Starkman: Enough Already -- Beaumont Board Must Fire CEO John Fox

July 26, 2020, 10:08 PM

The writer, a Los Angeles freelancer, is a former Detroit News business reporter who blogs aStarkman Approved.

By Eric Starkman


Hey, Beaumont Board Chairman John Lewis: It’s time for you and your ostrich directors to pay attention to what’s going on at the hospital network you have fiduciary obligations to protect. Beaumont is fast imploding. You must promptly staunch the damage.

CEO John Fox and his COO sidekick Carolyn Wilson must be fired immediately. An independent investigation must begin to determine the extent of the damage Fox and Wilson have caused and what can be done to right a very damaged ship. 

Given the board’s support for Fox and his plans to make Beaumont a subsidiary of an out-of-state hospital network of no particular distinction, I’m guessing you just blindly rubber stamp what Fox puts before you while feasting on bonbons or whatever delicacies are served at board gatherings. Please allow me to let you in on a very badly kept secret around town about what’s really going on at Beaumont Health.

Board chair John Lewis

Beaumont’s doctors and nurses dislike and distrust Fox and Wilson and insist the executives’ aggressive cost cutting ways have imperiled Beaumont’s vaunted reputation to deliver unrivaled medical care. You don’t have to take my word. JC Reindl at the Detroit Free Press and Karen Bouffard at the Detroit News last week published stories about a petition circulating among Beaumont doctors calling on Fox and David Wood Jr, Beaumont’s chief medical officer and your fellow director, to be fired.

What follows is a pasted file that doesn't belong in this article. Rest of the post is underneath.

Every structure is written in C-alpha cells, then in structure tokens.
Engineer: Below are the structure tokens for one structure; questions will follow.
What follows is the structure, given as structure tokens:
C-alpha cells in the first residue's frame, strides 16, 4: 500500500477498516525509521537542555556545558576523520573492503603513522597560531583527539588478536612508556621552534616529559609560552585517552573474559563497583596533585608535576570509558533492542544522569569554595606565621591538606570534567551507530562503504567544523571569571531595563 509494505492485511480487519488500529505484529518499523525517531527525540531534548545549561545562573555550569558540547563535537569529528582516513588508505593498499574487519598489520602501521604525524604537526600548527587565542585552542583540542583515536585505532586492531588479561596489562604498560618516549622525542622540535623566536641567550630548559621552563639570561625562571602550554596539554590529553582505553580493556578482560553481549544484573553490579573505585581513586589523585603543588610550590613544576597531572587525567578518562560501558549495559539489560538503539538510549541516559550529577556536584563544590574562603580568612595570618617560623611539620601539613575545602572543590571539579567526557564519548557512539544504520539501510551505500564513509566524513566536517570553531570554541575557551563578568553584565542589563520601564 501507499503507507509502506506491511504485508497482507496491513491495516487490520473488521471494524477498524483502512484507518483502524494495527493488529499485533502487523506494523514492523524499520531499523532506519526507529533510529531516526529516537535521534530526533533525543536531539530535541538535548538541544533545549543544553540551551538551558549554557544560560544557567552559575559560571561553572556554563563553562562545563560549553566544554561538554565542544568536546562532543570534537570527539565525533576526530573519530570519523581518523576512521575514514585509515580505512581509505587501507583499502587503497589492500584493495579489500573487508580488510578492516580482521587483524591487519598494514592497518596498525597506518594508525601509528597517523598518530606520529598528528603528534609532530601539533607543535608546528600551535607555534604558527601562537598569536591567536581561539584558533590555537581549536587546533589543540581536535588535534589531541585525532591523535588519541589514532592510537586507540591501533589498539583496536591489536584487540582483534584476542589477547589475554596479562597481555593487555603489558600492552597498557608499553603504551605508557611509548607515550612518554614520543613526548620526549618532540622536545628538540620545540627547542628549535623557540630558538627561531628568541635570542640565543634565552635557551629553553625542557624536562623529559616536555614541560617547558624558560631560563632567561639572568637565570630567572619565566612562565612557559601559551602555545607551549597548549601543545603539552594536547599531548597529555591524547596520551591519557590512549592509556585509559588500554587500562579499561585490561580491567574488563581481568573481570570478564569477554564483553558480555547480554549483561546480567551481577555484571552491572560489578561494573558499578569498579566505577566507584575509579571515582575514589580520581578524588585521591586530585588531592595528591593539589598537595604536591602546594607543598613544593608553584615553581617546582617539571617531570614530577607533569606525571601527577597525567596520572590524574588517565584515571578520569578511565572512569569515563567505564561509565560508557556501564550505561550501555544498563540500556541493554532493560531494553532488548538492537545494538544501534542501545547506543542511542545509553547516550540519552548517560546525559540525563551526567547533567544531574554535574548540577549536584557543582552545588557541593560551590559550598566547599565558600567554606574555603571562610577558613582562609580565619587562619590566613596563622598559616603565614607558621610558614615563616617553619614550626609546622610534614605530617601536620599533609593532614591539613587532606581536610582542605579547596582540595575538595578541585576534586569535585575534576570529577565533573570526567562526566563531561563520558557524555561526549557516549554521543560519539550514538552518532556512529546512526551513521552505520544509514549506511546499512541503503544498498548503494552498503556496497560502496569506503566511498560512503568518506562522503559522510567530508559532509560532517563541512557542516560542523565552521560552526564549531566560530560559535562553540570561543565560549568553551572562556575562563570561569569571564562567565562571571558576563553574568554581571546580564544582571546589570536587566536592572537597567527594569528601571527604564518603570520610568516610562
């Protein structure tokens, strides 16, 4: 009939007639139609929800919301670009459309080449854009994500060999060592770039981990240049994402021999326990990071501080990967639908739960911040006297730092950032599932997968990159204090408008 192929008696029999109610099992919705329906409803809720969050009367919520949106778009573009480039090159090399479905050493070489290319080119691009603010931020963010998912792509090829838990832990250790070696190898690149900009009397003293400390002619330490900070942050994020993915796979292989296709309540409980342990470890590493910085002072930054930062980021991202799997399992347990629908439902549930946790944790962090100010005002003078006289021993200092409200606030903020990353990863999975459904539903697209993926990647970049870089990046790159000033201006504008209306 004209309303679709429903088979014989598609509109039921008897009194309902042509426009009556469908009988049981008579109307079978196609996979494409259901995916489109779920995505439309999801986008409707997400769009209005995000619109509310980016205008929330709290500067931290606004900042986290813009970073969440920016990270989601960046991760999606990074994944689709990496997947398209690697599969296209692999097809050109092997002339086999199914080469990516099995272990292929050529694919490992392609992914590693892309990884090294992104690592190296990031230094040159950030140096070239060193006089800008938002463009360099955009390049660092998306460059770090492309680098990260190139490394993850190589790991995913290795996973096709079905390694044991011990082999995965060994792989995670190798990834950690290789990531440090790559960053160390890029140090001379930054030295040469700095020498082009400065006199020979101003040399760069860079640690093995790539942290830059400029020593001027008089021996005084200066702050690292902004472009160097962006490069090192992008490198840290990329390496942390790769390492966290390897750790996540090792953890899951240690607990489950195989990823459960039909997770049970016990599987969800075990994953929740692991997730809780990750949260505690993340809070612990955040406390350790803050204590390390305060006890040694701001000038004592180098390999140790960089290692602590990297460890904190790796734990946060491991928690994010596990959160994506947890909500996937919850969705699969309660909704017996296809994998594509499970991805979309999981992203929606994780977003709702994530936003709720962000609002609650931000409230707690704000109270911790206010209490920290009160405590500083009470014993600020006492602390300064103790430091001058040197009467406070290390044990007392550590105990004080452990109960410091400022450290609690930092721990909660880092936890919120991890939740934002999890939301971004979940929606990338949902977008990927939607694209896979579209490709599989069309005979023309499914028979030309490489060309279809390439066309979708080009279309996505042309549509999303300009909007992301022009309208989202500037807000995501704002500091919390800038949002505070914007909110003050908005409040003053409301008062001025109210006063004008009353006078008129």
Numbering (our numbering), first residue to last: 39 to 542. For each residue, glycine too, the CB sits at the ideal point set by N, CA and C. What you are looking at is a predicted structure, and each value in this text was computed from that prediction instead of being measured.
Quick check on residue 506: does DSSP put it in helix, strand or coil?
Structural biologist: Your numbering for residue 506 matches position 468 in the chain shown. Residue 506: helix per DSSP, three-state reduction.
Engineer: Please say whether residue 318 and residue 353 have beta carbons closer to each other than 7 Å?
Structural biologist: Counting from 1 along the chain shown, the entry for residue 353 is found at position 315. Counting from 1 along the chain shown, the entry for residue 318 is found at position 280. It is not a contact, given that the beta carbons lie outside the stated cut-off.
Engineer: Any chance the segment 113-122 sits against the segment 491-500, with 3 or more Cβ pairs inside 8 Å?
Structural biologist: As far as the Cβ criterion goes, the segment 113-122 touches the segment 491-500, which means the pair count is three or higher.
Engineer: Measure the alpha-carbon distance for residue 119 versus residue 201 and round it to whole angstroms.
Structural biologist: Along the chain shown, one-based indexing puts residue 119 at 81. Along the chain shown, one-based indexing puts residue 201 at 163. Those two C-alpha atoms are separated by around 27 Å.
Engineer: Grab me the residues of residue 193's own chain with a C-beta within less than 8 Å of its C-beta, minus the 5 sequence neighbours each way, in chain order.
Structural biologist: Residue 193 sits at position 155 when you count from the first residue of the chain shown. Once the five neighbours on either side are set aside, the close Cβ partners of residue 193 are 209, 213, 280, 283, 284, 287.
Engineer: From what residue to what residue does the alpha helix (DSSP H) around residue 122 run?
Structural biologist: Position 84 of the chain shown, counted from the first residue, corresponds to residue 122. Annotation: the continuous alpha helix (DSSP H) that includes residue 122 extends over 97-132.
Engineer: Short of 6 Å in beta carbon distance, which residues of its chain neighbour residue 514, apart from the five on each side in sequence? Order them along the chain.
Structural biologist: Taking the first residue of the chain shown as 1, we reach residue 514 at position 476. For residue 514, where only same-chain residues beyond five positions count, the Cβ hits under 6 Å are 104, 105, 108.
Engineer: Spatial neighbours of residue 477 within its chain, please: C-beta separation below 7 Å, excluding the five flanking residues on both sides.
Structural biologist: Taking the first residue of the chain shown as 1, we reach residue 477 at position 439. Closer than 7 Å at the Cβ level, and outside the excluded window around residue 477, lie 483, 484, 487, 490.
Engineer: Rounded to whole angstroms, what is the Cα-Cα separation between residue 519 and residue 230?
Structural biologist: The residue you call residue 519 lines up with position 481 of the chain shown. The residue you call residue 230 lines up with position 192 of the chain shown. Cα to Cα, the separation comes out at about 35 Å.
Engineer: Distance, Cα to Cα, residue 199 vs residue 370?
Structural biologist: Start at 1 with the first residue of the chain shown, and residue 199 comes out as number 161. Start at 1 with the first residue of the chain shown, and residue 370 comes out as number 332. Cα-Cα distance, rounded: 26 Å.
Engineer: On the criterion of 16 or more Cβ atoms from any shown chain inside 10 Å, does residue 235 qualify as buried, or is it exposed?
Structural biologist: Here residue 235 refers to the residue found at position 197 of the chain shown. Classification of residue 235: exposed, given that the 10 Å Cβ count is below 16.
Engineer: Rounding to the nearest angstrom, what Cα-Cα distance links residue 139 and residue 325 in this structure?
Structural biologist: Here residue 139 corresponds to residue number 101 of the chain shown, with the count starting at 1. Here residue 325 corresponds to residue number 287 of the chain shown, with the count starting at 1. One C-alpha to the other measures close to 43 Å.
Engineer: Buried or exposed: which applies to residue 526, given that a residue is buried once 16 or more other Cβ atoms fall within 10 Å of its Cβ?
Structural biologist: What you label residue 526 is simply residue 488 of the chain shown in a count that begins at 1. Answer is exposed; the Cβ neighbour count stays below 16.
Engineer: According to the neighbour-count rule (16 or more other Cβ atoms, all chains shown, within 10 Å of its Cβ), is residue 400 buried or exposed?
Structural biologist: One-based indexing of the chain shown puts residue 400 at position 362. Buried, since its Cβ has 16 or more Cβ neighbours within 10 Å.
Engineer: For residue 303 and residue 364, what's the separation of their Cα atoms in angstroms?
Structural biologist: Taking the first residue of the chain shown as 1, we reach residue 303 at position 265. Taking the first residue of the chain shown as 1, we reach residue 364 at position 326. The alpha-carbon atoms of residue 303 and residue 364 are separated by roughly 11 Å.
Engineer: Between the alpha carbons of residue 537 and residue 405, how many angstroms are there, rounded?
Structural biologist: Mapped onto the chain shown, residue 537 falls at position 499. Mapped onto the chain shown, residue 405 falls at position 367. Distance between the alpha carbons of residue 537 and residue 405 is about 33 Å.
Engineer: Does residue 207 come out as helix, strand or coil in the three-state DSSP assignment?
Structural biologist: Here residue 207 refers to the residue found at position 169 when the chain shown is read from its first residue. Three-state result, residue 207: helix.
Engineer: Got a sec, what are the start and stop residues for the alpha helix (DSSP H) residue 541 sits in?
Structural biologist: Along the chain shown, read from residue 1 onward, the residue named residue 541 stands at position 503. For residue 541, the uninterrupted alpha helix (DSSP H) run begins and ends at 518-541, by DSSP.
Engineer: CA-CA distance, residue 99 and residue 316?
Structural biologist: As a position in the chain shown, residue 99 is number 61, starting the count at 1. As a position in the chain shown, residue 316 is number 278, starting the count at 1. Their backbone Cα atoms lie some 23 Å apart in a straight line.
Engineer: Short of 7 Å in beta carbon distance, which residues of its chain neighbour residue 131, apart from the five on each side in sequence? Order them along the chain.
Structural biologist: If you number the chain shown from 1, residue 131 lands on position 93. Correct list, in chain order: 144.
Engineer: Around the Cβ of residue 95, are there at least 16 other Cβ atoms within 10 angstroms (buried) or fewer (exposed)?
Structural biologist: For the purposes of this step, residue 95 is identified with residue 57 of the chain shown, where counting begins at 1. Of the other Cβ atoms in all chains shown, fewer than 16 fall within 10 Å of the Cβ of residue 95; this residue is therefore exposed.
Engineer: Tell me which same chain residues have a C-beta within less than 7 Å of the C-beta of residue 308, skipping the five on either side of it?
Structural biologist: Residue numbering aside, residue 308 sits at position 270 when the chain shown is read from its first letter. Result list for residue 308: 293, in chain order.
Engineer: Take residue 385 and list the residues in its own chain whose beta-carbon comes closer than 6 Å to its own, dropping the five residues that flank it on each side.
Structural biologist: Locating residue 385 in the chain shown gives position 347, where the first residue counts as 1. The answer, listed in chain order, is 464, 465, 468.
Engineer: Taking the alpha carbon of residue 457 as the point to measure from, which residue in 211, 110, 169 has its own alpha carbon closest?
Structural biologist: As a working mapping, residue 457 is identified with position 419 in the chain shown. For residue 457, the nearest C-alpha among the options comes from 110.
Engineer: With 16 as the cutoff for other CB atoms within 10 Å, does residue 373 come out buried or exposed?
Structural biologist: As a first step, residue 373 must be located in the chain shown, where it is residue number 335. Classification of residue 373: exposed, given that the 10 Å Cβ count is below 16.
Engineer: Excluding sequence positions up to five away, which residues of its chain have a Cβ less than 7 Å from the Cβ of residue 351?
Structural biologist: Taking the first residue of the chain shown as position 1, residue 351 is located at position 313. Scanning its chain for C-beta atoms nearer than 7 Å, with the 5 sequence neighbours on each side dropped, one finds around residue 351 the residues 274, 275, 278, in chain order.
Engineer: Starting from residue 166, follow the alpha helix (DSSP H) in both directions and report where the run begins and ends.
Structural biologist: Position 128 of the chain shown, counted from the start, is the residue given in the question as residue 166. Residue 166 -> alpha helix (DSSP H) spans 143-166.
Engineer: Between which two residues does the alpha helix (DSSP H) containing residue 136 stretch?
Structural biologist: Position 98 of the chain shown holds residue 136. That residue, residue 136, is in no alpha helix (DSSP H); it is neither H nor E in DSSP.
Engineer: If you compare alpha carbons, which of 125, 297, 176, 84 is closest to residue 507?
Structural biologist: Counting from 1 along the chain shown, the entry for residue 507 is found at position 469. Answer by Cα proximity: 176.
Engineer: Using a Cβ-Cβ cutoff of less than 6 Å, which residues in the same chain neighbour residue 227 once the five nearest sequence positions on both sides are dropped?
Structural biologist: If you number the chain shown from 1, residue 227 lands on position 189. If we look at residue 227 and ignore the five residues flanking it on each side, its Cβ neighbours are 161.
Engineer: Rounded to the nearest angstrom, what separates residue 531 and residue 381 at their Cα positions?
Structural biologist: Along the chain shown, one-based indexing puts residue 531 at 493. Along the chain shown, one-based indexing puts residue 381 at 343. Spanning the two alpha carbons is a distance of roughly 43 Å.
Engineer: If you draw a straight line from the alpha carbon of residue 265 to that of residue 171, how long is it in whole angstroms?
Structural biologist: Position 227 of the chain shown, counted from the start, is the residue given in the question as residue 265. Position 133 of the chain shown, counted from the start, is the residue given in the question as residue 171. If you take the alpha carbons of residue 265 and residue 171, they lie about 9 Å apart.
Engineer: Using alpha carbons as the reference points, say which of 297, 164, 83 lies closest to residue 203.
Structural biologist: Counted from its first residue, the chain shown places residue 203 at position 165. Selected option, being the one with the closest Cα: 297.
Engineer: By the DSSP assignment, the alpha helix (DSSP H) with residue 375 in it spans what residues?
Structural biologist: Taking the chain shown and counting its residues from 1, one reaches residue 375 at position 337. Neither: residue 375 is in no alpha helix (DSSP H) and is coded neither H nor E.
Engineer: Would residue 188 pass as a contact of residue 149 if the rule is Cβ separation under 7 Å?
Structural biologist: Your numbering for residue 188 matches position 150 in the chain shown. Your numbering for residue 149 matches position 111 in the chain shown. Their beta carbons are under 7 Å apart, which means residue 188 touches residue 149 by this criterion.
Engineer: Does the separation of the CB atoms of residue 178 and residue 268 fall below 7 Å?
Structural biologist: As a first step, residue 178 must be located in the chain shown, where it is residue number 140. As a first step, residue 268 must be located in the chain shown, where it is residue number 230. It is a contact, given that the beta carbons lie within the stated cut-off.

Widespread Disdain

I’m not certain how many signatures the petition has received or whether it’s found its way to you. But I know this: The number of signatures isn’t indicative of the widespread disdain Beaumont employees have for Fox and Wilson. Employees fear them and their retributive ways. Beaumont has an established culture where anyone who stands up to management gets thrown to the curb. 

Management intimidation at Beaumont is so brazen that the National Labor Relations Board issued a formal unfair labor practices complaint in February claiming the hospital and its supervisors violated federal law in more than 30 instances when the Michigan Nurses Association was trying to organize the hospital’s more than 3,000 nurses. Beaumont’s head of pediatrics was escorted by security from his office for taking a stand relating to patient care. 

Let me tell you something I’ve learned about nurses these past few weeks writing about Beaumont: They’re not deeply steeped in the tradition of Samuel Gompers. Culturally, nurses aren’t inclined to make waves or challenge managements, so when they do that’s an indication something is very amiss.

A responsible hospital board should demand an environment where doctors, nurses, and all other employees are encouraged to report anything and everything they feel is possibly amiss with regards to patient care and issues relating to it. 

WDIV’s Devin Scillian interviewed Fox on Sunday.

I suspect Beaumont’s board is buying what Fox told WDIV’s Devin Scillian on Sunday: that Beaumont isn’t losing its top medical talent. That’s not true. You may not know that Alan and Julie Koffron are the latest medical luminaries planning to jump ship. When they do, others likely will follow. 

I’ll bet Beaumont’s board doesn’t have a clue who Alan and Julie Koffron are. 

Alan is Beaumont’s chief of transplant, liver, and pancreatic surgery at Beaumont’s Royal Oak. If you look him up, he’s a very big deal in his field. Julie also is a very accomplished liver and pancreatic surgeon at Beaumont. 

And, yes, they’re related. Touching story, actually. They met at a medical conference, fell in love, and are bound by their love for medicine and the rock band Kiss, where they once attended a four day Kiss Kruise.

All indications are the Koffrons are quite happy in Michigan. Their Bloomfield Hills home was featured recently in the Detroit Free Press.